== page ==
$45 Million Investment to Expand and Improve Vital Education Services in Communities Across Illinois
CICERO – December 19, 2012. Governor Pat Quinn today joined students, families and teachers to announce $45 million for vital improvements to early childhood education facilities in high-need communities across Illinois. The 14 Early Childhood Construction Grants (ECCG) are funded through Governor Quinn’s Illinois Jobs Now! capital construction program and will expand access to early childhood education, which experts have noted is critical to a student’s success.
Today’s announcement is part of the governor’s comprehensive plan to strengthen Illinois’ education system by improving early childhood education, modernizing school facilities, expanding science, technology, engineering and math (STEM) instruction, and implementing bold reforms that put children first.
“The achievement gap begins before a child steps foot into kindergarten,” Governor Quinn said. “We know that investing in early childhood education is the best way to ensure lifelong success for our students. By setting our youngest learners on the right track now, we can prepare them for a lifetime of growth and strengthen our economy for the future.”
The ECCG is the first program in the nation of its kind, created by Governor Quinn and funded through his Illinois Jobs Now! to increase early childhood services in underserved areas across Illinois. Organizations receiving the awards went through a competitive grant process that included specifying how the funds will be spent to improve early childhood education in their communities. The awards may be used to acquire or construct a facility or expand an existing facility as well as to purchase equipment and make safety improvements. Early childhood providers in Cook, McHenry, Will, Winnebago, St. Clair, Kane and Kankakee counties were among the successful applicants (A full listing is attached).
Today’s announcement was made at Cicero’s “Through A Child’s Eyes” pre-K program, which focuses on helping children deemed to be at-risk of academic failure. In the last school year, the program served 467 students, with 95 percent coming from families at or below the poverty level. By the end of the school year, approximately 90 percent of at-risk three and four-year-olds had met or exceeded expectations in literacy learning skills following their participation in the program.
“Thanks to these funds, some of our most vulnerable children will get access to early childhood education and services that might not otherwise be available,” State Board of Education Chairman Gery J. Chico said. “Studies have proven time and time again that such programming changes lives and yields social, academic and economic benefits. This is especially important as we work to reduce the achievement gap in the coming years.”
The ECCG awards follow an announcement earlier this month that Illinois was awarded a $34.8 million Race to the Top-Early Learning Challenge (RTT-ELC) grant from the U.S. Department of Education and U.S. Department of Health and Human Services. The funds will support quality improvements to Illinois’ early learning system including the development of a unified system that enhances the efficiency and effectiveness of programs.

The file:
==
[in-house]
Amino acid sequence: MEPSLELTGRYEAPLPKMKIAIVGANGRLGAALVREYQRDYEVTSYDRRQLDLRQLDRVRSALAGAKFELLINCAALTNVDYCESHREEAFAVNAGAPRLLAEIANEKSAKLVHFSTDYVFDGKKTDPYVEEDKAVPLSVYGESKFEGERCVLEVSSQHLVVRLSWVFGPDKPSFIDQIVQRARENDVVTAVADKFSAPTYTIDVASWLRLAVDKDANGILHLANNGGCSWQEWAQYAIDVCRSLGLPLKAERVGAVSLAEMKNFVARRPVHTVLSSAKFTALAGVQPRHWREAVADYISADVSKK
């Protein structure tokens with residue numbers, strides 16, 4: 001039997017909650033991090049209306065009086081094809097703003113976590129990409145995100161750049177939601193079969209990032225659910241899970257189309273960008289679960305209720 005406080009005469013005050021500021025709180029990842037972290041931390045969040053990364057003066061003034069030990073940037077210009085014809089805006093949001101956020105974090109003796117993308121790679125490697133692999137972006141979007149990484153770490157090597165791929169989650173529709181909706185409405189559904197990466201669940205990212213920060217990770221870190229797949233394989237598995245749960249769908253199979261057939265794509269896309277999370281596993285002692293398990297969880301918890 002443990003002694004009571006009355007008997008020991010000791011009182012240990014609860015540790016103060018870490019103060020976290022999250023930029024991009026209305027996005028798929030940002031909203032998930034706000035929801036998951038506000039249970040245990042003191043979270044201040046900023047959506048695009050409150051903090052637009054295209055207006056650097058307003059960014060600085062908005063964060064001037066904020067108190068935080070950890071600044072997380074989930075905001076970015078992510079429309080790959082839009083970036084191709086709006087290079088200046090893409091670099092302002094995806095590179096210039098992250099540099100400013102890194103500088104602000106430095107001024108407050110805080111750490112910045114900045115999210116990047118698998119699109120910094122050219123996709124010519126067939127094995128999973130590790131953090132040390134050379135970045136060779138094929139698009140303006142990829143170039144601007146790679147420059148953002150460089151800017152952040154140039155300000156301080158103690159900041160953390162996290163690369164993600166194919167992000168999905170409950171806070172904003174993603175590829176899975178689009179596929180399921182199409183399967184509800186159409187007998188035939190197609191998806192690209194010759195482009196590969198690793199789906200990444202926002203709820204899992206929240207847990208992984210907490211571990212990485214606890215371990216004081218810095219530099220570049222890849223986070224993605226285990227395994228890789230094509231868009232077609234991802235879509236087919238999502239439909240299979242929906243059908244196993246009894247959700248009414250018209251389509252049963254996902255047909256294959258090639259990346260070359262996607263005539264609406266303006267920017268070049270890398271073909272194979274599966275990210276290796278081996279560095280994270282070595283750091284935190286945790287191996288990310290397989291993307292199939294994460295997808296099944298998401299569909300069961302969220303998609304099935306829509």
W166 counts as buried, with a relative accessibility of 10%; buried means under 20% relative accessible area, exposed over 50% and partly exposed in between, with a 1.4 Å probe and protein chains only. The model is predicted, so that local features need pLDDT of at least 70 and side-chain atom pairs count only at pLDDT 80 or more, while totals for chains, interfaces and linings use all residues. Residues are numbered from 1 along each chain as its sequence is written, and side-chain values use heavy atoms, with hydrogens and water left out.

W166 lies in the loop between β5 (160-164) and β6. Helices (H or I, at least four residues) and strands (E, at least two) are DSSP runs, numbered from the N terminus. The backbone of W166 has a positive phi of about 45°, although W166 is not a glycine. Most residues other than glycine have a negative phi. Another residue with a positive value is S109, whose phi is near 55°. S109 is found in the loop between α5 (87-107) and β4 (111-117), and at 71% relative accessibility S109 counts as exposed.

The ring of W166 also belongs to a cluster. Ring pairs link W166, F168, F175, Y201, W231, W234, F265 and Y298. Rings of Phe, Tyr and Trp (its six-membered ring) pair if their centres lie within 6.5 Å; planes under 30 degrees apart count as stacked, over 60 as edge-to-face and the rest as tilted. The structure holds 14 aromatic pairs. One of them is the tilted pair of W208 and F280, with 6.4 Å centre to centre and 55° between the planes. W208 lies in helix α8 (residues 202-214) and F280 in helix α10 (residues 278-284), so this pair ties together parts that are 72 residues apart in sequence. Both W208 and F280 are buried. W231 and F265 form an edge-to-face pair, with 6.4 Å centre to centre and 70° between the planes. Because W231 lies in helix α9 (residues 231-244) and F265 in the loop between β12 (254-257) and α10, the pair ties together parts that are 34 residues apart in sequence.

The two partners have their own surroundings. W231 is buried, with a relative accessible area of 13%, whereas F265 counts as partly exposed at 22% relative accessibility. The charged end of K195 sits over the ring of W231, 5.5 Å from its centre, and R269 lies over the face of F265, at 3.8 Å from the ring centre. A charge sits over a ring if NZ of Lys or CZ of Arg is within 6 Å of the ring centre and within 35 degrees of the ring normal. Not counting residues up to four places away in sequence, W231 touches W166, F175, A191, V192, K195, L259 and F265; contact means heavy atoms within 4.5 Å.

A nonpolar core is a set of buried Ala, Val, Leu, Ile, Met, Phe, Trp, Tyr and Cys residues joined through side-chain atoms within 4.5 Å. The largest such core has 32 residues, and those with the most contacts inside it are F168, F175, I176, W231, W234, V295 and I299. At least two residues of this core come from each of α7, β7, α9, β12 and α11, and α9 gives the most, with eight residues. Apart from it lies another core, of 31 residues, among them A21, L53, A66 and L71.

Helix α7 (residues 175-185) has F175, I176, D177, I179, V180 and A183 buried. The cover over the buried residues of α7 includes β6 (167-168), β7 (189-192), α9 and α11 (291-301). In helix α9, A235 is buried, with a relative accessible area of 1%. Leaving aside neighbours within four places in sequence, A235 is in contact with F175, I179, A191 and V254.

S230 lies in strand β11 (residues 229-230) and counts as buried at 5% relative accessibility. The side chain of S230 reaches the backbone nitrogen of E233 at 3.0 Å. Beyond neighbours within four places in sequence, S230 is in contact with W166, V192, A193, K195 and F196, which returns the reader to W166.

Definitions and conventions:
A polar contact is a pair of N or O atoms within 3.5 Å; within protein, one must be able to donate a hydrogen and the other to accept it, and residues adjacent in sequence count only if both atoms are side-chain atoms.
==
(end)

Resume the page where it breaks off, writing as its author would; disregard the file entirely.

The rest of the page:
Since taking office, Governor Quinn has made strengthening Illinois’ education system a top priority. Earlier this year, the Governor announced $623 million in Illinois Jobs Now! capital funding to help dozens of school districts statewide make critical repairs, additions and technology updates to classrooms. Combined with local dollars, the funding will allow school districts to complete projects totaling more than $1.2 billion. The program also includes $1.5 billion for higher education, including $788 million for public universities and $400 million for community colleges that has been used to support many landmark projects including Lincoln Hall at the University of Illinois Urbana Champaign, Cole Hall at Northern Illinois University, the Advanced Chemical Technology Building at the University of Illinois-Chicago, the Transportation Education Center at Southern Illinois University-Carbondale, as well as Western Illinois University’s Riverfront campus expansion in Moline.
In addition to improving facilities, Governor Quinn has worked to enhance academic offerings in the state by supporting the Illinois Pathways Initiative, an innovative public-private partnership between public education institutions and the business community to foster STEM learning. The governor’s goal is for 60 percent of Illinois adults to earn a college degree or career certificate by 2025.
In 2011, Governor Quinn also helped pass and signed historic education reform laws that are a model for the nation. These laws improved school report cards so that parents have more information about the schools that educate their kids; set clear benchmarks for teacher evaluation and put performance above tenure; and laid the groundwork for a longer school day and a longer school year.
As part of his push to strengthen education, health care and public safety, Governor Quinn proposed a plan that would prevent skyrocketing pension costs from squeezing out core priorities while fully funding the pension system by 2042. If nothing is done, state spending on public pensions is projected to exceed education spending by 2016. For more information and to make your voice heard in support of pension reform, visit www.ThisisMyIllinois.com.